In the oil and gas industry, workers face a range of hazards that can result in several types of injuries. In many circumstances, the law may provide monetary compensation for the injury and related damages like lost wages.
How Do These Injuries Occur?
From 2007 to 2011, a total of 529 fatal injuries occurred in the oil and gas industries. Texas recorded the highest number of fatalities, followed by Oklahoma and Louisiana. In addition to these fatalities, many non-fatal injuries occurred with often life-altering consequences. Specific injury types are prevalent and statistical data sheds light on the risks faced by workers in this industry.
- Falls: A leading cause of injury on oil rigs, often resulting in broken bones, head injuries, and spinal cord injuries.
- Electrical hazards: Exposed or faulty electrical equipment can cause electrocution, internal injuries, cardiac arrest, and thermal burns.
- Fires and explosions: Due to the presence of flammable materials, incidents can result in burns, smoke inhalation, traumatic injuries, and long-term respiratory problems.
- Struck-by incidents: Heavy machinery, falling objects, or moving parts can cause fractures, crush injuries, internal injuries, or even fatalities.
- Long-term health effects: Exposure to hazardous materials can lead to respiratory problems, skin irritations, neurological disorders, and even an increased risk of certain cancers.
Falls account for a substantial number of incidents. They remain a leading cause of injuries on oil rigs. Falls can occur from heights, such as elevated platforms or derricks, or due to slips and trips on slippery surfaces. They result in broken bones, head injuries, and spinal cord injuries.
Electrical hazards pose another significant risk on oil rigs. Exposed or faulty electrical equipment can cause electrocution or severe burns to workers. Electrical-related incidents account for a substantial portion of injuries in the oil and gas industry. They cause electric shock, internal injuries, cardiac arrest, and thermal burns.
Fires and Explosions
Fires and explosions remain a constant concern for oil rigs due to the presence of flammable materials. When ignition sources encounter oil or gas, catastrophic incidents can occur, leading to severe injuries or fatalities. Fires and explosions account for a sizable portion of fatal work injuries in the oil and gas extraction industry. They result in burns, smoke inhalation, traumatic injuries, and long-term respiratory problems.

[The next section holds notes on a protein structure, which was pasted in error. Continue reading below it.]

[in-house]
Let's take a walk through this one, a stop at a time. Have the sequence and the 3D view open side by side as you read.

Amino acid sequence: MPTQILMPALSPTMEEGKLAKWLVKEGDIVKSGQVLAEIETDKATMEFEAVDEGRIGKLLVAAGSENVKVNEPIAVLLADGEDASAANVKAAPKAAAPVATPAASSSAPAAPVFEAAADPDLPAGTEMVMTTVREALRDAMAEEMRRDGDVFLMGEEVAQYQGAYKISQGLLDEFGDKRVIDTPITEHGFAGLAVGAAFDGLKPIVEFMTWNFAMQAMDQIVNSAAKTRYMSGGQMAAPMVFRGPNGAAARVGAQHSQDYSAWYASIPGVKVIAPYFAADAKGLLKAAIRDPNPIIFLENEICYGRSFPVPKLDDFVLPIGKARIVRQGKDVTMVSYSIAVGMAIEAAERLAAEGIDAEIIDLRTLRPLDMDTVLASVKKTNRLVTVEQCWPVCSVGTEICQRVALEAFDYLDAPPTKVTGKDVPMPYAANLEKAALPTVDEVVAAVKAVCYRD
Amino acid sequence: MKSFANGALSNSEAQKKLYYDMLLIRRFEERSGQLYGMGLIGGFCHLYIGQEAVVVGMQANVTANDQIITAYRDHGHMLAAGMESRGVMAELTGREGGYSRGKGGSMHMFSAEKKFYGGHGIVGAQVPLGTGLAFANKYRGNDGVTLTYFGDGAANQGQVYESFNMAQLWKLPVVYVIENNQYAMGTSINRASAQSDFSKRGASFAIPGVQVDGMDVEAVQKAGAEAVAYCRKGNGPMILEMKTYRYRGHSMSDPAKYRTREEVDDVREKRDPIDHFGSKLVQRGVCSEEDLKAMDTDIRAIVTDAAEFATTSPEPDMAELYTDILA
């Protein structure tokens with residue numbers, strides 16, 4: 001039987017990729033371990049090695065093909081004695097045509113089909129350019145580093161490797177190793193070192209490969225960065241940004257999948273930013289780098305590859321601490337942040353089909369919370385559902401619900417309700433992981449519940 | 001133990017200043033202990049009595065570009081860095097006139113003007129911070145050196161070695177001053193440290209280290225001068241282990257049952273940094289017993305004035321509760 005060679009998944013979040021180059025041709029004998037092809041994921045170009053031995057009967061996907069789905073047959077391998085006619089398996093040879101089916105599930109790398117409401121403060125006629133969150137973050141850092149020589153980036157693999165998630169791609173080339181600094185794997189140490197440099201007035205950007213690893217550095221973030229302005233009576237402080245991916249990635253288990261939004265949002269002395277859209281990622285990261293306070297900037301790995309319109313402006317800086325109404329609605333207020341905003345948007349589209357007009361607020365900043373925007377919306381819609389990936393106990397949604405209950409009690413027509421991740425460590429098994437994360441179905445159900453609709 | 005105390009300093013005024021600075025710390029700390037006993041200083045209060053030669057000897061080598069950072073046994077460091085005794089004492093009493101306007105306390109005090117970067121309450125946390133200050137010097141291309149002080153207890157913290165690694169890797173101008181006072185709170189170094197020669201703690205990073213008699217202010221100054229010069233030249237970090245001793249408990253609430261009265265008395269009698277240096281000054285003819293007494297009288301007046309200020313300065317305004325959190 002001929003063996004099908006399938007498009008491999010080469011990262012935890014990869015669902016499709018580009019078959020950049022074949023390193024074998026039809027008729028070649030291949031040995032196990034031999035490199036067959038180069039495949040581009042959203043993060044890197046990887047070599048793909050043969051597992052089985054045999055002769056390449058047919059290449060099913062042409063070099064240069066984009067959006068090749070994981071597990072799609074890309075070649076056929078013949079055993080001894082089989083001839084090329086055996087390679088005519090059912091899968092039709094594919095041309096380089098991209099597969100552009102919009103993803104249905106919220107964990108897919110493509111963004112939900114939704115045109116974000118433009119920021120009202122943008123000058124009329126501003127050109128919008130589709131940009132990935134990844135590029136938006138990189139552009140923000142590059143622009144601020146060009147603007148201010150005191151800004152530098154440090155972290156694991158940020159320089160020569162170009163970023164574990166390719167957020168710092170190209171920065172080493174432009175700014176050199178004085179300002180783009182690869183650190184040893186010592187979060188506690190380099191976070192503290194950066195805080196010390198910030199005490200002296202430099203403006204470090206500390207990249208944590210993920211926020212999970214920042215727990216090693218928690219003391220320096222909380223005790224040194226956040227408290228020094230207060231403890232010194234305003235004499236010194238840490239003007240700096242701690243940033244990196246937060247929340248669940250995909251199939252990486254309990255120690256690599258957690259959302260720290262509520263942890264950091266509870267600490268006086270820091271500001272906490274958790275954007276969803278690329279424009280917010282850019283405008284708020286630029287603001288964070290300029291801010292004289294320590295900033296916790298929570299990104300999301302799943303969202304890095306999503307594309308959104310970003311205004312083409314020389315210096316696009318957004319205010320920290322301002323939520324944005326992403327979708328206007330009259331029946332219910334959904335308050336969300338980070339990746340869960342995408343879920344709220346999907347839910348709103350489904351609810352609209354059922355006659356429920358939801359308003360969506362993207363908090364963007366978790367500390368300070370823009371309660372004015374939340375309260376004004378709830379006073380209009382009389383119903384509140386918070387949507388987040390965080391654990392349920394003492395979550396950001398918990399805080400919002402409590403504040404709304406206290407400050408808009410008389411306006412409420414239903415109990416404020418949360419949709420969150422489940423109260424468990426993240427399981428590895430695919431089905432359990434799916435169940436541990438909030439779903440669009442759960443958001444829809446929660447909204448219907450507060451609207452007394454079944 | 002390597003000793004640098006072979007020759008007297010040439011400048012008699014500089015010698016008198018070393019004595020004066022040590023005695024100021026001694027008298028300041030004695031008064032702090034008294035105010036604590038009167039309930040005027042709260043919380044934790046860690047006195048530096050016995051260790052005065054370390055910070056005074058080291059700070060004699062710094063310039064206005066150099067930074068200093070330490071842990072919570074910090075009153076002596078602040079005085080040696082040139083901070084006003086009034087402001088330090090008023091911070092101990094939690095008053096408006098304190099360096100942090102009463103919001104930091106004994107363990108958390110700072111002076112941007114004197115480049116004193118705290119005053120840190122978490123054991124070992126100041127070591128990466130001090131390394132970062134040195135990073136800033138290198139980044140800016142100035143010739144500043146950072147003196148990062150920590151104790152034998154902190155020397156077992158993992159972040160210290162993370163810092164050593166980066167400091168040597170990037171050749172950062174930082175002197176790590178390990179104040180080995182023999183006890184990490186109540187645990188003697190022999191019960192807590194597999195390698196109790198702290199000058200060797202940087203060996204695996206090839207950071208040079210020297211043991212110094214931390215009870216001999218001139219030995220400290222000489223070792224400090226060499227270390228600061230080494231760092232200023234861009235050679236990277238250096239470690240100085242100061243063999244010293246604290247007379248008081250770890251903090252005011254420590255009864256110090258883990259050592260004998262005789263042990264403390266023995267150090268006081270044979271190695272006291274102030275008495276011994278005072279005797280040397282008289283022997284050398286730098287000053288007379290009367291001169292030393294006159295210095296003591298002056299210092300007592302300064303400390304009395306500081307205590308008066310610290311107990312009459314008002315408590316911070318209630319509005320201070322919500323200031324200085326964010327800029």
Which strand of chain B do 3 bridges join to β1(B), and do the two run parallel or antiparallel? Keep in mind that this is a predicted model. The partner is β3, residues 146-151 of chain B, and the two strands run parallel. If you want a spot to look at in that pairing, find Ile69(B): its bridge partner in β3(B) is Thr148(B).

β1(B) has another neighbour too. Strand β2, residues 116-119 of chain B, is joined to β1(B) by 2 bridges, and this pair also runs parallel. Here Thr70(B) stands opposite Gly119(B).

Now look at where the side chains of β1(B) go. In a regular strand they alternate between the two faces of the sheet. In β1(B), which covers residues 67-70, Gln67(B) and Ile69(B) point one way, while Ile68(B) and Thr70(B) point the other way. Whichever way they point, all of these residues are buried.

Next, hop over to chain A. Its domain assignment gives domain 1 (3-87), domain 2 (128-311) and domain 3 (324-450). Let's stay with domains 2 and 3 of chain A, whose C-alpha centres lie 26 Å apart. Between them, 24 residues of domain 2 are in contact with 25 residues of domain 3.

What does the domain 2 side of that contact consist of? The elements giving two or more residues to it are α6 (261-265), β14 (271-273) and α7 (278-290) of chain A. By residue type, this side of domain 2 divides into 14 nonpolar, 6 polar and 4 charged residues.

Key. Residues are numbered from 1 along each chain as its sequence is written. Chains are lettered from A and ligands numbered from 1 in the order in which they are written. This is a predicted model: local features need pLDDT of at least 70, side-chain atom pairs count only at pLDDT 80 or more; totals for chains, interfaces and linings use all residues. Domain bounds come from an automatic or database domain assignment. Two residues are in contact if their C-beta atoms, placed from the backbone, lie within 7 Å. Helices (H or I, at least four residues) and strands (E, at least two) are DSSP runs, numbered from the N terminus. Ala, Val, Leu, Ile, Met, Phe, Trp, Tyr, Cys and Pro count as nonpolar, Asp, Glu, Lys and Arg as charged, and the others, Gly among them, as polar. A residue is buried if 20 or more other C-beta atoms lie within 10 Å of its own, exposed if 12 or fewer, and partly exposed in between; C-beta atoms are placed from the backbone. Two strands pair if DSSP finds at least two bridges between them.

Struck-by incidents also pose a significant risk to oil rig workers. Heavy machinery, falling objects, or moving parts can cause fractures, crush injuries, internal injuries, or even fatalities. Proper training, adherence to safety protocols, and the use of personal protective equipment can help reduce the occurrence of these injuries.
Long-Term Health Effects
Long-term health effects resulting from exposure to hazardous materials are a growing concern in the oil and gas industry. Workers on oil rigs may encounter toxic chemicals, gases, and other hazardous substances, which can have detrimental effects on their health. Prolonged exposure to these materials can lead to respiratory problems, skin irritations, neurological disorders, and even an increased risk of certain cancers.
Prioritizing Employee Safety
Employers must prioritize safety measures and implement effective risk management strategies. This includes conducting thorough hazard assessments, providing appropriate safety training, ensuring regular equipment inspections, and promoting a safety culture among workers. Ongoing monitoring and medical surveillance programs can help identify and address long-term health effects resulting from hazardous exposures.
In conclusion, specific injury types are prevalent in the oil rig industry. The oil industry can avoid these injuries by prioritizing safety. Employers hold a duty to protect oil workers and mitigate the risks they face in this challenging industry. Injured workers should seek the advice of experienced lawyers to advise them whether the law provides them with monetary compensation. An experienced trial lawyer who has won big cases against oil companies can increase an injured worker’s chance of success.